NATO and the `Russo-German Question'
TWO major political question marks hang over NATO - and they are closely related. Is Soviet reform authentic enough that it will lead to a more stable, assured peace in Europe? And will West Germany remain a strong, reliable partner in NATO? Why are the two questions related? Because the more the Soviet Union sheds the image of an aggressive and potential foe of the West, the larger will loom the whole ``German question.'' The relationship is so fixed in history and the political life of Europe that it might even be called the ``Russo-German question.''
The division of Germany is a legacy of World War II. The war has never been fully settled under international law. The USSR has not drawn the final line under the war. The legal status of Berlin is but one example. The political status of all of Eastern Europe illustrates the same point.
But Germany is the divided nation, so it follows that the emergence of a truly friendlier USSR - if this happens - will raise the ``German question.'' As a matter of fact, the West German Constitution views the political entity it describes as a provisional one, existing in an interim condition until the two parts are peacefully united.
Not that West Germans (and certainly not East Germans) are talking about reunification. That's just not in the current political cards. But the topic remains persistently latent.
The hope in Moscow is that Bonn will bend to Moscow's d'etente. The fear in the West is that Bonn would abandon its Western leanings and NATO obligations for the prize of reunification.
This fear tends to distort debate about a rather technical point in NATO's dealings with the Warsaw Pact. For weeks, Bonn and Washington squabbled over NATO's short-range nuclear missiles, with West Germany pushing for early talks leading to the elimination of the weapons.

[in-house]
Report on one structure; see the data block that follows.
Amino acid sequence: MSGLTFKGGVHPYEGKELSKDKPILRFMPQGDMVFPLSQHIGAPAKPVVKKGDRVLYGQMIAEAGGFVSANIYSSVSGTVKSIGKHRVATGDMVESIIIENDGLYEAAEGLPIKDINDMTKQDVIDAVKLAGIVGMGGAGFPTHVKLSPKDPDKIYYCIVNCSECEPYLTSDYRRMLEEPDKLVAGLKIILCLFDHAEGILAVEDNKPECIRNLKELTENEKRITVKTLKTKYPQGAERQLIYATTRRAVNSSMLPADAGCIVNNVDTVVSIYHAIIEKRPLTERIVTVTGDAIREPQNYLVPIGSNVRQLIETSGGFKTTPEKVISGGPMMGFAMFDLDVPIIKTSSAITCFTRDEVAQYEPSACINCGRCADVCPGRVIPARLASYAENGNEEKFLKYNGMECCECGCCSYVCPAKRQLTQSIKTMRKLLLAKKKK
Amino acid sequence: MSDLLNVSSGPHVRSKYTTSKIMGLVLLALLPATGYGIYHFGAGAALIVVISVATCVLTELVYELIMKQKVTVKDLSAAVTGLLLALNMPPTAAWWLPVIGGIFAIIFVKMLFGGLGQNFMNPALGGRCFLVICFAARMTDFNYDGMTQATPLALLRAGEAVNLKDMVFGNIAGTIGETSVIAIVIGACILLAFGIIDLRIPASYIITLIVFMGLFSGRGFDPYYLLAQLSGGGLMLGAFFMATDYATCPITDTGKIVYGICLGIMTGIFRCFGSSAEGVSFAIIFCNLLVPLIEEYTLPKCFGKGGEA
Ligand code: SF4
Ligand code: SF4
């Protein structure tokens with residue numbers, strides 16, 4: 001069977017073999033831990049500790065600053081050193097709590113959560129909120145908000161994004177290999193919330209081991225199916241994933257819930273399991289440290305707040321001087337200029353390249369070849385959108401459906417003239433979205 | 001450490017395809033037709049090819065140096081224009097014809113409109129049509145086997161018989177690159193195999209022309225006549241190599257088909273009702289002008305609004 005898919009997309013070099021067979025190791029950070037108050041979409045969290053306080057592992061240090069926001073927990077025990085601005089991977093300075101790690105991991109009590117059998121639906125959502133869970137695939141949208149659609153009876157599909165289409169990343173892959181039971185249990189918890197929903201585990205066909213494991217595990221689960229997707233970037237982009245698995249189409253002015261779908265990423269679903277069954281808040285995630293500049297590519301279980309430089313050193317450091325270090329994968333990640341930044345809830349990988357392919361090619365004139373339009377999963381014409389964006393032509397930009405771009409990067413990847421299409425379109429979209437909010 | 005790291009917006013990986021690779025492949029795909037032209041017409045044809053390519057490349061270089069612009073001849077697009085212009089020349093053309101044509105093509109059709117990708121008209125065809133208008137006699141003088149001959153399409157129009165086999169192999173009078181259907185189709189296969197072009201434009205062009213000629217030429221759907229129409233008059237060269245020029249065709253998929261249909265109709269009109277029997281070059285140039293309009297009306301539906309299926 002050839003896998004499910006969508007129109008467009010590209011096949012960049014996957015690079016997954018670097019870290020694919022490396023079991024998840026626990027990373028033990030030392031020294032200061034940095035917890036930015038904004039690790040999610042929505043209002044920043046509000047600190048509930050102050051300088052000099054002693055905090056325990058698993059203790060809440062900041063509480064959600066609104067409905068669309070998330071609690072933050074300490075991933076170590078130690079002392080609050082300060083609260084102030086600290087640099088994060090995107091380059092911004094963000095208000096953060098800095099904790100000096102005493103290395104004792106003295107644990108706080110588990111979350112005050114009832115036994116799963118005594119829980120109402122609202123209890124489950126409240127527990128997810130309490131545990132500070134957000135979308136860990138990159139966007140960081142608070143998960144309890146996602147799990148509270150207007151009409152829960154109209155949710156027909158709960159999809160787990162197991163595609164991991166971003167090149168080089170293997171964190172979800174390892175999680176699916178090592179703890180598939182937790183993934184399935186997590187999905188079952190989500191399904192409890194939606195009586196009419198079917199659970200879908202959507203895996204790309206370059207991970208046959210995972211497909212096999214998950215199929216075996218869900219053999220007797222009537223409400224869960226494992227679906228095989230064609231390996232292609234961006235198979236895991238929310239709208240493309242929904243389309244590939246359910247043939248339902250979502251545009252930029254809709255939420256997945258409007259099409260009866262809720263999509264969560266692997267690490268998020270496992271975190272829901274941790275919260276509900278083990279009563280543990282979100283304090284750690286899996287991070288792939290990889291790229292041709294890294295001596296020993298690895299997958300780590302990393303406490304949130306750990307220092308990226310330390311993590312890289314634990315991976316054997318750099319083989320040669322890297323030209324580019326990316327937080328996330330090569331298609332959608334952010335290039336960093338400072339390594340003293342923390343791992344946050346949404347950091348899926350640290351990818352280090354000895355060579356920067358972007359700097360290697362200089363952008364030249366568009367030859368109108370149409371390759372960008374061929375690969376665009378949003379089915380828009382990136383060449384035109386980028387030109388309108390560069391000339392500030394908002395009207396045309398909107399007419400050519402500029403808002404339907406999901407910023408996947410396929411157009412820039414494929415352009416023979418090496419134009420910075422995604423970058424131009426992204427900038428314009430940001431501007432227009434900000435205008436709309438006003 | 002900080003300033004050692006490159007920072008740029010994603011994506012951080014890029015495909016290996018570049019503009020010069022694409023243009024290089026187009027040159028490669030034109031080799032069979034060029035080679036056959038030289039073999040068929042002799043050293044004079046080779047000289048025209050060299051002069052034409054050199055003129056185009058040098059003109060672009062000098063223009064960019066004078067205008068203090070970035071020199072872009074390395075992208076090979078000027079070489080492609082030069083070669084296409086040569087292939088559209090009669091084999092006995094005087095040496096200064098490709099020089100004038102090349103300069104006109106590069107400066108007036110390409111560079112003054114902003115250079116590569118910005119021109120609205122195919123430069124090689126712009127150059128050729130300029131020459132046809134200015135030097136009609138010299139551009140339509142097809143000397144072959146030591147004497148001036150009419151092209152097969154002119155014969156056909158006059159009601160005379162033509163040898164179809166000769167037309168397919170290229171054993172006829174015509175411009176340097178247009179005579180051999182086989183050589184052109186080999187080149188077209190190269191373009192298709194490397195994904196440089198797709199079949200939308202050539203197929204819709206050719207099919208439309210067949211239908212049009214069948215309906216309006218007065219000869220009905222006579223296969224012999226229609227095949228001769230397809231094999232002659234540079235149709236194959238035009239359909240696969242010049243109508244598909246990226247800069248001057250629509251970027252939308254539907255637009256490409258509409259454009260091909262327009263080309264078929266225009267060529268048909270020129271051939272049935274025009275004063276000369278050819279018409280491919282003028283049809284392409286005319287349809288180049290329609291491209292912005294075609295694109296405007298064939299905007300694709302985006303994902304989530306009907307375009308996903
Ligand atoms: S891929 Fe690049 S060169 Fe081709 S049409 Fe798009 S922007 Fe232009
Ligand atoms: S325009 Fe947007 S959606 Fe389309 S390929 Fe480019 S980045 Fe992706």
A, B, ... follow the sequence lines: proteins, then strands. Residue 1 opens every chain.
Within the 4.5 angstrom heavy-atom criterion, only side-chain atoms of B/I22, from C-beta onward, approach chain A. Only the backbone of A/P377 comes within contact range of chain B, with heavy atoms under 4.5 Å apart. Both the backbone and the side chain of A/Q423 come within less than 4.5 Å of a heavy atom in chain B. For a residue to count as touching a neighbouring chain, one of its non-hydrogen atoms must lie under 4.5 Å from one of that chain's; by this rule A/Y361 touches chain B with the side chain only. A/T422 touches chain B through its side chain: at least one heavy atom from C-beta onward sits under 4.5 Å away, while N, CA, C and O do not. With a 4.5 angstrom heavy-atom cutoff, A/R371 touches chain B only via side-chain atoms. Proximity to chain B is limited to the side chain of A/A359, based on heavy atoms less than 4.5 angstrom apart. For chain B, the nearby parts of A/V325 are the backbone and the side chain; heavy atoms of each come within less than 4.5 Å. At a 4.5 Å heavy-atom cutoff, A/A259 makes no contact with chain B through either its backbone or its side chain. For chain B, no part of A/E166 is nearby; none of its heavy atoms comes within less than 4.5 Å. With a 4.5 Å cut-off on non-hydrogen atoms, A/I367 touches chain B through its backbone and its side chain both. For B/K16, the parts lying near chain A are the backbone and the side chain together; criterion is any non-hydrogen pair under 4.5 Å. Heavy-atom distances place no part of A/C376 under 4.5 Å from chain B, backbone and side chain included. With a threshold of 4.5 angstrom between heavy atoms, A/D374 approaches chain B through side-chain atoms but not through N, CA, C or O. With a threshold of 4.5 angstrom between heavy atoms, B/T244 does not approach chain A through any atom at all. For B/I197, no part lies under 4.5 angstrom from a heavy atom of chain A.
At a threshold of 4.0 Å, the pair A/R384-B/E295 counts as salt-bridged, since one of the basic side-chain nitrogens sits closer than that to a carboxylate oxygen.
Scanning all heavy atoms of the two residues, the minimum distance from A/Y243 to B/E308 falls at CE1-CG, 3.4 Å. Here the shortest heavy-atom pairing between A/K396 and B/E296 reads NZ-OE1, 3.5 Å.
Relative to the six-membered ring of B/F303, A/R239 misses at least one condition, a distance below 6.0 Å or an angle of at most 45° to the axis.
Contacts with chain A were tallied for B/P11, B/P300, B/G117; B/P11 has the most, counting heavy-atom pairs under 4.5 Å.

That seems to have been sorted out in Brussels this week. But the concern will exist as long as nuclear weapons remain in Europe. Pressure will remain on West Germany - where any ``limited'' nuclear war would be fought - to keep the larger picture in mind.
The tension is so high on this technical negotiating point precisely because of the larger drama of the Russo-German question. History bites hard and for a long time, and motives are hard to judge.
But laymen, pundits, experts, and even prophets should all see at least one thing if they are to start to come up with an accurate sense of how the Soviet-German picture is changing. They must realize that Mr. Gorbachev's reform would not be moving so broadly and quickly, in parts of Eastern Europe in particular, if Europeans as a whole were not already convinced that West Germany has exhibited an exemplary reform over the past decades.
That is, the massive and multifarious change that brings a more stable peace to Europe must come from both Germany and the USSR.
Only Europeans can fully understand this symbiotic relationship. Present political progress in Europe is as interrelated as is the history of Europe. One bad apple, in the past as in the present, spoils the whole pie. But when public opinion senses all good apples, the public bakery gets cooking.
Europeans see a West Germany at peace with and prospering with France. They see a West Germany that is willing to see Britain and other European nations included in a circle of growing cooperation at all levels of government. Western Europeans - and Russians - see West Germany as a skilled builder of economic and political bridges to the East. And could a secure peace come in any other way? Americans in particular can learn a lot more about seeing West Germans through the eyes of other Europeans, and perhaps even through the eyes of Russians.
West German Foreign Minister Hans-Dietrich Genscher has said: ``If it is true that East and West need a bridge of trust, then we Germans must build its main support.''
The statement is ripe with political morality and deserves some quiet thought and analysis, a little less cynicism than it has so far drawn.
Americans and West Germans see a Gorbachev they like. Regarding stated Soviet intentions, Washington and Bonn should be neither rigid nor naive. For now, NATO seems to have worked out the technical negotiating point on short-range nuclear weapons. But behind it, the larger Russo-German question will remain.